I have no idea what $$$ to quote for that job!

So, you get a call for a quote from a company you know nothing about.

Nice opportunity, but you have lots of questions before you can come up with a financial figure.

Trouble is, the company contact just wants a figure s/he can plug into a budget.

Give the quote, get the job

Suppose I get a call from the marketing manager of a company. They’re interested in having me produce an employee newsletter. That’s really all they know. There’s no decision yet because they don’t have a budget figure for the newsletter.

This happens all the time for business owners. You can mistake the caller as a tire kicker, but actually, the contract can be yours.

Here’s how I handle this.

First I ask a few questions, for instance:

Are we talking about one location or more than one?

Am I doing all the photography as well as interviewing and writing?

Will I do the design and the delivery to a printer?

Do you want to do this seasonally, as in four times a year?

Any idea of the number of pages you’ll want? The size of the pages?

Those are enough questions to ask. They won’t know the answers, but in asking the questions you’re actually positioning yourself as the expert that you are.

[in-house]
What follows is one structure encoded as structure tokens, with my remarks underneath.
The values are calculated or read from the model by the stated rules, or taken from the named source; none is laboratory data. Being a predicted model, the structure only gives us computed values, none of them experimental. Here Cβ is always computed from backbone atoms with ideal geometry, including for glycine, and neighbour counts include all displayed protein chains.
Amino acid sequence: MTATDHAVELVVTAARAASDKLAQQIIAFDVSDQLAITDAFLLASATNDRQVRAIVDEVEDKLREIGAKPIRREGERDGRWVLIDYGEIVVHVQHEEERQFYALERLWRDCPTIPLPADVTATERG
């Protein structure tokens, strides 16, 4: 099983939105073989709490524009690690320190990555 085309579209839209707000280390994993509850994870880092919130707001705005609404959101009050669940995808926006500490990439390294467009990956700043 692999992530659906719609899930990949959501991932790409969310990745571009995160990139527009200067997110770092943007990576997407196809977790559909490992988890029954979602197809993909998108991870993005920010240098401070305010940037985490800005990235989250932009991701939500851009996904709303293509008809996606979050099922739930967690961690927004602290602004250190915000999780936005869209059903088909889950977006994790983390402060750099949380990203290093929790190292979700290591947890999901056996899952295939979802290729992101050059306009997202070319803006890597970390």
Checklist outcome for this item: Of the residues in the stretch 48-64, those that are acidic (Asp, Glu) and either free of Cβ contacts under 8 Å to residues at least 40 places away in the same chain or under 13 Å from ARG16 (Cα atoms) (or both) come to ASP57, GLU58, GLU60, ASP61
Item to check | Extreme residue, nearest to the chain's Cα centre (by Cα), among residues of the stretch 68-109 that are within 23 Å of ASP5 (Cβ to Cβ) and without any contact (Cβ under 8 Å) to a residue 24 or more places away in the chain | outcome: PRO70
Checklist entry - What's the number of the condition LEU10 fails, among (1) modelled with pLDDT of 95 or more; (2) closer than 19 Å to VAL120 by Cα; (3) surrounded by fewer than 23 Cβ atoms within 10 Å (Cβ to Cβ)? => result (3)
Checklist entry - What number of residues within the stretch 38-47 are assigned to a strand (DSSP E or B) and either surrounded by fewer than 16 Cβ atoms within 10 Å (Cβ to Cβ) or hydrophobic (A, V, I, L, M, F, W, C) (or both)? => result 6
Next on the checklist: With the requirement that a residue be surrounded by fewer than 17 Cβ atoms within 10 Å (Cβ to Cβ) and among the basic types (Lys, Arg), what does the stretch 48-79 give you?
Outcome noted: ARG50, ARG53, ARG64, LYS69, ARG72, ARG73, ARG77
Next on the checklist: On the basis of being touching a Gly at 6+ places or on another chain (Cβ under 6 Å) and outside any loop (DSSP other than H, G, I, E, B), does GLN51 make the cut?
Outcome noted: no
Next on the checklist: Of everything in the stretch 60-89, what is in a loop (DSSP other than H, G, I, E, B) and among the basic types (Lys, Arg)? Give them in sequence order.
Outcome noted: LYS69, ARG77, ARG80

Make assumptions

So then I’ll make a few assumptions:

a. there will be four newsletters per year,

b. I would be doing everything so they’re dealing with only one person,

c. there are two locations, both in Ontario,

d. that each newsletter is 12 letter-sized pages, cheaper for mailing when necessary.

And then I’ll give a financial quote, maybe saying something like this:

“Based on those assumptions, I can’t really tell you the exact number of hours it would take, but I will offer to do the first two newsletters for your company for $2,500 each plus HST.

That would include full preparation and production of 12-page newsletters for your two locations.

If it takes more hours than that, I will not charge you for them.

If it takes less hours, your bill will be lower.”

Then they know they can count on the budget figure.

I then wrap up by suggesting that after the second newsletter is completed, we’ll re-visit the budget figures so we’re both comfortable.

The process works!

Every single time I took this approach, I got the contract.

When we give potential customers what they need, they develop an immediate appreciation for us.